“Can that be adequately addressed by imprisonment in a culturally impaired population?
“It’s really hard in prison because everything is done for you.
“You don’t make your breakfast, you have no household chores; all your activities for living are taken over so it can be really hard to identify. Someone can slip under the radar until they are quite demented.”
When it comes to leaving prison at the end of a sentence or when parole is available, the options are limited if the person has aged care needs.
“Where do you put a sex offender?” Goulding asked.
“In a good world, once you have done your time, everything is fine.”
Willis said: “In the case of older people, you are potentially releasing people who have completed their sentence at quite an advanced age and needing specialist care and specialist type of accommodation, and in a lot of cases not having family and people who can provide that kind of support for them.”
Under 65 the choice is NDIS. Over 65, it’s My Aged Care.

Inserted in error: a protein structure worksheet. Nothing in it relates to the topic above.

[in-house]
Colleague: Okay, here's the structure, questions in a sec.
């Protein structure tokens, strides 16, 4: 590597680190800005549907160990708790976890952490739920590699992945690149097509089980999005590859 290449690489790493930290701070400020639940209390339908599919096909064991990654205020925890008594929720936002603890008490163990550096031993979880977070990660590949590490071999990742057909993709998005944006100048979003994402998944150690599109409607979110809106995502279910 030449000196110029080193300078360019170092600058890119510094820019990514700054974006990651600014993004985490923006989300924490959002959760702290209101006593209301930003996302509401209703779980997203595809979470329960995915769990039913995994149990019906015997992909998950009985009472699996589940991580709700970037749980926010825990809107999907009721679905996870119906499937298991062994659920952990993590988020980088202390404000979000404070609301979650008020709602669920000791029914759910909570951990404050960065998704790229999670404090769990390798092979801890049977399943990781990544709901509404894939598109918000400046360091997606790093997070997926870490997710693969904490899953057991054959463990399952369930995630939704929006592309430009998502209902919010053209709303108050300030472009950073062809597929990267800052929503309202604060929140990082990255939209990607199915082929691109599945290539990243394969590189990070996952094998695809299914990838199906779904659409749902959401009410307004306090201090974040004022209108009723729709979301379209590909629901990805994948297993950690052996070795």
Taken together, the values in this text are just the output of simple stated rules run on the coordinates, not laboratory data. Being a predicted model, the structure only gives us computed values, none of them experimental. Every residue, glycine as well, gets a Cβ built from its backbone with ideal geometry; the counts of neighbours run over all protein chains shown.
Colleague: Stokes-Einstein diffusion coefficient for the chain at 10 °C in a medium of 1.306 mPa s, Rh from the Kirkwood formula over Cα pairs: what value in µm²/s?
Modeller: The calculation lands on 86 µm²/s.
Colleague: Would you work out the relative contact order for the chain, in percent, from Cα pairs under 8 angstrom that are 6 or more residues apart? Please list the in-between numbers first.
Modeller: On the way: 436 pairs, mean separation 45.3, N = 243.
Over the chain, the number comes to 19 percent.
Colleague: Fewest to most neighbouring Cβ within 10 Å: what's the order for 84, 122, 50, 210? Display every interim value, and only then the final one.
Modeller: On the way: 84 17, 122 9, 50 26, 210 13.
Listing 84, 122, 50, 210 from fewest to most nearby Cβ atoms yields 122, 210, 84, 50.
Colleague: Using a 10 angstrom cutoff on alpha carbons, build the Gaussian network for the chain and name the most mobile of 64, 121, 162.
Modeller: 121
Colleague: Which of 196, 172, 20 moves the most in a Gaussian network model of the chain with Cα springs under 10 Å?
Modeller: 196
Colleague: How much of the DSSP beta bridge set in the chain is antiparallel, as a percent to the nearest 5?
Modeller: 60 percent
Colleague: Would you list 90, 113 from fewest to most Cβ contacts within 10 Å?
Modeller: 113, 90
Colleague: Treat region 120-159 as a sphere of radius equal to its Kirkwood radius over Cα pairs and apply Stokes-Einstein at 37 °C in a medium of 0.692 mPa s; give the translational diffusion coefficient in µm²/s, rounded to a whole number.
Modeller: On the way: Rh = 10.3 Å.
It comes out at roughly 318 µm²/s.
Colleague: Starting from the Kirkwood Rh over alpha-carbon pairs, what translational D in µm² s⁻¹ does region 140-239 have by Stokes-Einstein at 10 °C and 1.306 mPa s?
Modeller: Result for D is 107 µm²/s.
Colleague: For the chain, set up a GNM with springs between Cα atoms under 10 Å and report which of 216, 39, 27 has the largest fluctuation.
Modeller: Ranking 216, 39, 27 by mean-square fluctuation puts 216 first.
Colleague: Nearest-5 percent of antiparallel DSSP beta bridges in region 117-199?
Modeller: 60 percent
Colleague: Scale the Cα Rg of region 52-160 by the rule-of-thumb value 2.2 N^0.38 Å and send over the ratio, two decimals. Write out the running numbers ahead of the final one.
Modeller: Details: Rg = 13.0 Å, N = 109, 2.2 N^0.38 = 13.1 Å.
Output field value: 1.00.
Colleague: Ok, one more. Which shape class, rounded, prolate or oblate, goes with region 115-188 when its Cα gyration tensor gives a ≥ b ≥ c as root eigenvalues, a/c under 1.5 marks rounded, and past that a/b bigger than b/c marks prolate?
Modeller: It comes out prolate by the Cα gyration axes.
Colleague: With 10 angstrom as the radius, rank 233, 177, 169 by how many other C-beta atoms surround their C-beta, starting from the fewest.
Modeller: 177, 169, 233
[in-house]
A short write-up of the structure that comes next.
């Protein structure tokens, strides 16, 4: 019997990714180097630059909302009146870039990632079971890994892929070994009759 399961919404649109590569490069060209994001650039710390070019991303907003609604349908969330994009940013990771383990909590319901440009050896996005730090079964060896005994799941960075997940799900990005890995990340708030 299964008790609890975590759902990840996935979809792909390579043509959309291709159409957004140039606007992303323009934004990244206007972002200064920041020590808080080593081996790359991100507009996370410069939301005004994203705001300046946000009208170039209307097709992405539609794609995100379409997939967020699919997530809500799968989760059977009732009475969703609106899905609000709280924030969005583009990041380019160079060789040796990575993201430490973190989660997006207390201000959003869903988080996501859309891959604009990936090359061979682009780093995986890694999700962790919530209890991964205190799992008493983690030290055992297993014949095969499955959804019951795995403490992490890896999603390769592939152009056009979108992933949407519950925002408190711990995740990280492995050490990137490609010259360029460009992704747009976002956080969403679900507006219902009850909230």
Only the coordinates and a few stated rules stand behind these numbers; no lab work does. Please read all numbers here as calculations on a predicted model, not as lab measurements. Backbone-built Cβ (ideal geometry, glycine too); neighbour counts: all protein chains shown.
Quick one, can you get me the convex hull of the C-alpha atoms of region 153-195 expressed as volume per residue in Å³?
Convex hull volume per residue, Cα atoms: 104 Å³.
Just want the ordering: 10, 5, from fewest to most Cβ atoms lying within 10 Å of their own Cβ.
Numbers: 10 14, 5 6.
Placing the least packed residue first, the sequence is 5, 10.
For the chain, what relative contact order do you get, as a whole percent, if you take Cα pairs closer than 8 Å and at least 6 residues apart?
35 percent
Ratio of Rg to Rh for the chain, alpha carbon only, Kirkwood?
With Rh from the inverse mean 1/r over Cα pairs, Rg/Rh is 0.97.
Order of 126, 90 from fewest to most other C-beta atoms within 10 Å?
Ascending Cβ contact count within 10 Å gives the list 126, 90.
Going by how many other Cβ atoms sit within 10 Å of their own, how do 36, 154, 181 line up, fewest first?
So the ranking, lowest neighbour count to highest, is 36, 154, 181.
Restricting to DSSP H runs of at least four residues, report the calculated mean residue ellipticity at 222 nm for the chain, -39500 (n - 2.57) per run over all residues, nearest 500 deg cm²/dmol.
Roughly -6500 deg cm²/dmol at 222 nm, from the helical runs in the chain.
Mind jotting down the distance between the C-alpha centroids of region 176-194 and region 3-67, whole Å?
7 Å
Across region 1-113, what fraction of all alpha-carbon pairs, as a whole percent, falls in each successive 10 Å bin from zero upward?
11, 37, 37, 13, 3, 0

But the wait times can be up to two years.
“There can be a hiatus on release for some older prisoners and then they will probably end up with a GP or in a hospital and the system will pick them up,” Willis said. Or homeless.
The QCS said on release it connects eligible prisoners to the NDIS and aged care services.
In Melbourne, Wintringham has an accommodation facility.
In Sydney there is a new HammondCare venue. Residential care general manager Angela Raguz said.”HammondCare does not discriminate based on the criminal history of any potential residents,” residential care general manager Angela Raguz said.
“When the Darlinghurst aged care venue for homelessness people is open, entry will be based on several factors including the physical, psychological and social needs of potential residents, as well as the safety of staff and other residents.”
There is the opportunity for the issues around the health and wellbeing of ageing prisoners, which currently seems to be bubbling away under the surface of the community, to be addressed through the Aged Care Royal Commission.
A spokesperson for the Commission said it may accept submissions on prison aged care and other services offered in prisons, and how prisoners can transition from prison care to the public aged care system.
This story first appeared on Seniors News.Do you have an idea for a story?